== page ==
I’ve been a big fan of Newton Mayor Setti Warren, 19 months into his first term and now a candidate for the Democratic nomination for the U.S. Senate seat now held by Scott Brown. As BlueMass Group pointed out, Setti has “the requisite political skills: The gift of gab; charisma; a strongly presented, concise, and persistent message; a sense of being well-grounded and good-humored.” His excellent innate communication skills have extended to running regular Town Hall meetings in all Newton wards to discuss residents’ budgetary and other concerns.
I’ve also been a big fan of the state’s giving cities and towns the right to join the state’s Group Insurance Commission to provide health insurance more affordably for their employees. Setti’s approach was to restate his support of collective bargaining and to say that he’d prefer to negotiate savings that would be equivalent to what could be achieved through joining the GIC. In the wake of concluding contracts with all ten Newton unions, Setti announced success in that regard and further asserted that the increases negotiated were well within the Prop 2 ½ framework, and would save the city $6 million over the next three years.
I’m puzzled about how this could be so. The City maintains it would have spent $100,000 more buying health insurance for its different bargaining units under the state health pool, the GIC. (Savings from the GIC wouldn’t kick in during the first year.) But what the city may have saved in reducing projected growth in health care costs may well have been given away in other, salary-related provisions.
Take the three-year police contract, for example. While the average salary goes up only 1 percent the first year, by the time you add cost-of-living increases, step increases, longevity increases and lump sum payments, wages are up 2.8 percent. When you then add health insurance, the total package could well be over three percent. This could well compound and add to the city’s structural deficit. Plus, surprisingly, on June 30, 2014, the last day of this new three-year contract, the Mayor built an additional 10 percent pay raise over the ensuing three fiscal years, which weren’t even being negotiated right now.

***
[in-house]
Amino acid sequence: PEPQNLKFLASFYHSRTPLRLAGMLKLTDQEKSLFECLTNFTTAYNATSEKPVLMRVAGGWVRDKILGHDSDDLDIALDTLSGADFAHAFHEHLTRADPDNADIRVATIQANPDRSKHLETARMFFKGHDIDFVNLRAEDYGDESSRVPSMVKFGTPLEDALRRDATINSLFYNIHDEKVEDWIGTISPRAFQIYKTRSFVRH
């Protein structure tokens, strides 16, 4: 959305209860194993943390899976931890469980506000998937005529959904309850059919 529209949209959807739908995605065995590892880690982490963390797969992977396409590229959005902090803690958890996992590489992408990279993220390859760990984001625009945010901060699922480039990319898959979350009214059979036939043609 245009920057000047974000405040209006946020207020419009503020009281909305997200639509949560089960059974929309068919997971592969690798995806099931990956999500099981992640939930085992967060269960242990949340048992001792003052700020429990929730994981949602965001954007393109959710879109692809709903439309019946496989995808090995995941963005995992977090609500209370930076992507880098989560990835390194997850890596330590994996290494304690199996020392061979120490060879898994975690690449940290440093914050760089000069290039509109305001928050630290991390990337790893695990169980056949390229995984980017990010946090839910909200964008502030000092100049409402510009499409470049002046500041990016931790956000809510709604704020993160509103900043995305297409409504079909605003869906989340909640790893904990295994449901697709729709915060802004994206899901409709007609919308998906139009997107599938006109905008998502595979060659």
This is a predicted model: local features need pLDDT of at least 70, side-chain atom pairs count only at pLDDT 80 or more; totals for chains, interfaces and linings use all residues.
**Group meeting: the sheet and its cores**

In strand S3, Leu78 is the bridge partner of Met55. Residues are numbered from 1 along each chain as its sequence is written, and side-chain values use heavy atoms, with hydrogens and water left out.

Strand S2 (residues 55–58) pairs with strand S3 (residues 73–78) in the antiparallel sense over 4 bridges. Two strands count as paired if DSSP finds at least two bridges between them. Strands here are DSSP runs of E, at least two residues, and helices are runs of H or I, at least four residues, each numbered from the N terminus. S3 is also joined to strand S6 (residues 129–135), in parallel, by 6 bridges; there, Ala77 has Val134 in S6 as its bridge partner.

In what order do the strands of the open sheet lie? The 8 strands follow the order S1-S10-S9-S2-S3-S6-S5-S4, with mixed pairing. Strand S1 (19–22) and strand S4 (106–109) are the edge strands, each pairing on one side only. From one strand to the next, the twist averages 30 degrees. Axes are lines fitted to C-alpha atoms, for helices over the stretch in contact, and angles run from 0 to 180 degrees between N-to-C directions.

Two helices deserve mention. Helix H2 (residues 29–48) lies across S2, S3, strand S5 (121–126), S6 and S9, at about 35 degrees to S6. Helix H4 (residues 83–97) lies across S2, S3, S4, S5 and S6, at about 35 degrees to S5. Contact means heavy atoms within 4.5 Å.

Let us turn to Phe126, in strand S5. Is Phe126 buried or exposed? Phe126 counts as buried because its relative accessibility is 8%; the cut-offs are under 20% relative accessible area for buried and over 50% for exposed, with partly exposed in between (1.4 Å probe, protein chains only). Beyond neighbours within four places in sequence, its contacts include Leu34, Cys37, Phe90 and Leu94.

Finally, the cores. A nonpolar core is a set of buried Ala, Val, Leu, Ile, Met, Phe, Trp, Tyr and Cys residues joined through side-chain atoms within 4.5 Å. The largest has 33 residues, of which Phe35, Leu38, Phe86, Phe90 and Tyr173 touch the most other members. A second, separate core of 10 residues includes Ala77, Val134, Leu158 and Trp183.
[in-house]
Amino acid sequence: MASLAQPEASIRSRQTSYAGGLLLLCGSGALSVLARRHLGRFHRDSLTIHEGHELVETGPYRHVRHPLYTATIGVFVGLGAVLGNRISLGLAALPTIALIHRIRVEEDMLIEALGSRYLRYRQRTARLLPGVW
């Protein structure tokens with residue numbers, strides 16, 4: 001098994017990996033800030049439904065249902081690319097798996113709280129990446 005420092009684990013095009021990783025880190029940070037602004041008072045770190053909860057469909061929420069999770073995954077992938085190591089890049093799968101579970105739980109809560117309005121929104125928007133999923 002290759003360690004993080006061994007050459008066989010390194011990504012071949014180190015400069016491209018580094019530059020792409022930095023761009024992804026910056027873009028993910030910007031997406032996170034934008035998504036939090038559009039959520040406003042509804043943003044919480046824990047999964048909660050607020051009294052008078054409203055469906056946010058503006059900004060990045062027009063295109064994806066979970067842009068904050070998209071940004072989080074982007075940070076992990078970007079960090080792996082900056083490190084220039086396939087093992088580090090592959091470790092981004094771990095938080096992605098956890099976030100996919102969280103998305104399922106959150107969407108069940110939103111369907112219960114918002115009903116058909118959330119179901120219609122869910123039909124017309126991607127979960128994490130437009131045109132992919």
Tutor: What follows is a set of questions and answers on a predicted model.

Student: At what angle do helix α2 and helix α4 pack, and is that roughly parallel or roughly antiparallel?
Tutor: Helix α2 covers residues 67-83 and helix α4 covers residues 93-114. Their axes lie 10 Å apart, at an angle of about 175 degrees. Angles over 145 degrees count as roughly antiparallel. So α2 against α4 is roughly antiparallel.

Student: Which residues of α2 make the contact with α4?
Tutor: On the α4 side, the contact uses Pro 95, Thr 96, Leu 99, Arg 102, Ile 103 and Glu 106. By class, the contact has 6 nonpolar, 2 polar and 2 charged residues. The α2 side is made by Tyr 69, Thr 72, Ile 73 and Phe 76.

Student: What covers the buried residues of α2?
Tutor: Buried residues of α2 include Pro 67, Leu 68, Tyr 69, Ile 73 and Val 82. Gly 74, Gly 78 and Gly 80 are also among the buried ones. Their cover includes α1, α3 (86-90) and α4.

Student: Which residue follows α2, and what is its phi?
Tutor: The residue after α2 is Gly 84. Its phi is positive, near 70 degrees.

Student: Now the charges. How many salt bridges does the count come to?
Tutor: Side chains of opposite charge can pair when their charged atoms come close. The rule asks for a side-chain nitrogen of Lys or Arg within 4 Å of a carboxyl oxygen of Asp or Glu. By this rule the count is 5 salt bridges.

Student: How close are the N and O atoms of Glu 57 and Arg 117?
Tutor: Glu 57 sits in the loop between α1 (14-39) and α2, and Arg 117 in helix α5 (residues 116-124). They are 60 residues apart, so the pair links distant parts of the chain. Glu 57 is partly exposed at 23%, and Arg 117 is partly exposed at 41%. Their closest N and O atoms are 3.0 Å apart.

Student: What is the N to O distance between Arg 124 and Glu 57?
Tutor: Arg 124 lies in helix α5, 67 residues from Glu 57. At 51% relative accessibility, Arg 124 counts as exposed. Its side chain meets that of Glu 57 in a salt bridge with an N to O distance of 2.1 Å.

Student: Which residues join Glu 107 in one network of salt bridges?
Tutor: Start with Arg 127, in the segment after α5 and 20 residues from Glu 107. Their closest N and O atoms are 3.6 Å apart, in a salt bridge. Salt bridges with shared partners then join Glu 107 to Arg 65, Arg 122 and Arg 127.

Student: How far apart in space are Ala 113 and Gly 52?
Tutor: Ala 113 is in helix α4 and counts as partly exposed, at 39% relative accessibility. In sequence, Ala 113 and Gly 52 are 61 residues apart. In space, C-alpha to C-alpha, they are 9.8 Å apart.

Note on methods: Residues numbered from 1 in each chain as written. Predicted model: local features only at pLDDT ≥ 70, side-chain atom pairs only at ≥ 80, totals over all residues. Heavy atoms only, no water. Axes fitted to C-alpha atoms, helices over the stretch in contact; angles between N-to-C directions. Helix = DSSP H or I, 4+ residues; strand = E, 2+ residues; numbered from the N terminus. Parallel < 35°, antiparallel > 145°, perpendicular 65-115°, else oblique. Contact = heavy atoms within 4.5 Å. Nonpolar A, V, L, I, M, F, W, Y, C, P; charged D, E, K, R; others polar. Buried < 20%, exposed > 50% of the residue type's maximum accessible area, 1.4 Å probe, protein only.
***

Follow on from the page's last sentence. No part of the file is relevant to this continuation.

Here’s another wrinkle. The Quinn Bill started out with the superficially appealing notion of increased police pay for increased education, with the state and cities sharing the costs. But it proved unaffordable at the state level, leading the state to defund it. Not so Newton. Now Mayor Warren has agreed to extend Quinn-like benefits to Newton firefighters for the first time. They are now slated to get ten percent more pay if they get an associate’s degree, 20 percent for a full bachelor’s degree and 25 percent for a master’s degree. With this provision, it’s difficult to see how the contracts negotiated stay within the desired 2 1/2 percent increase.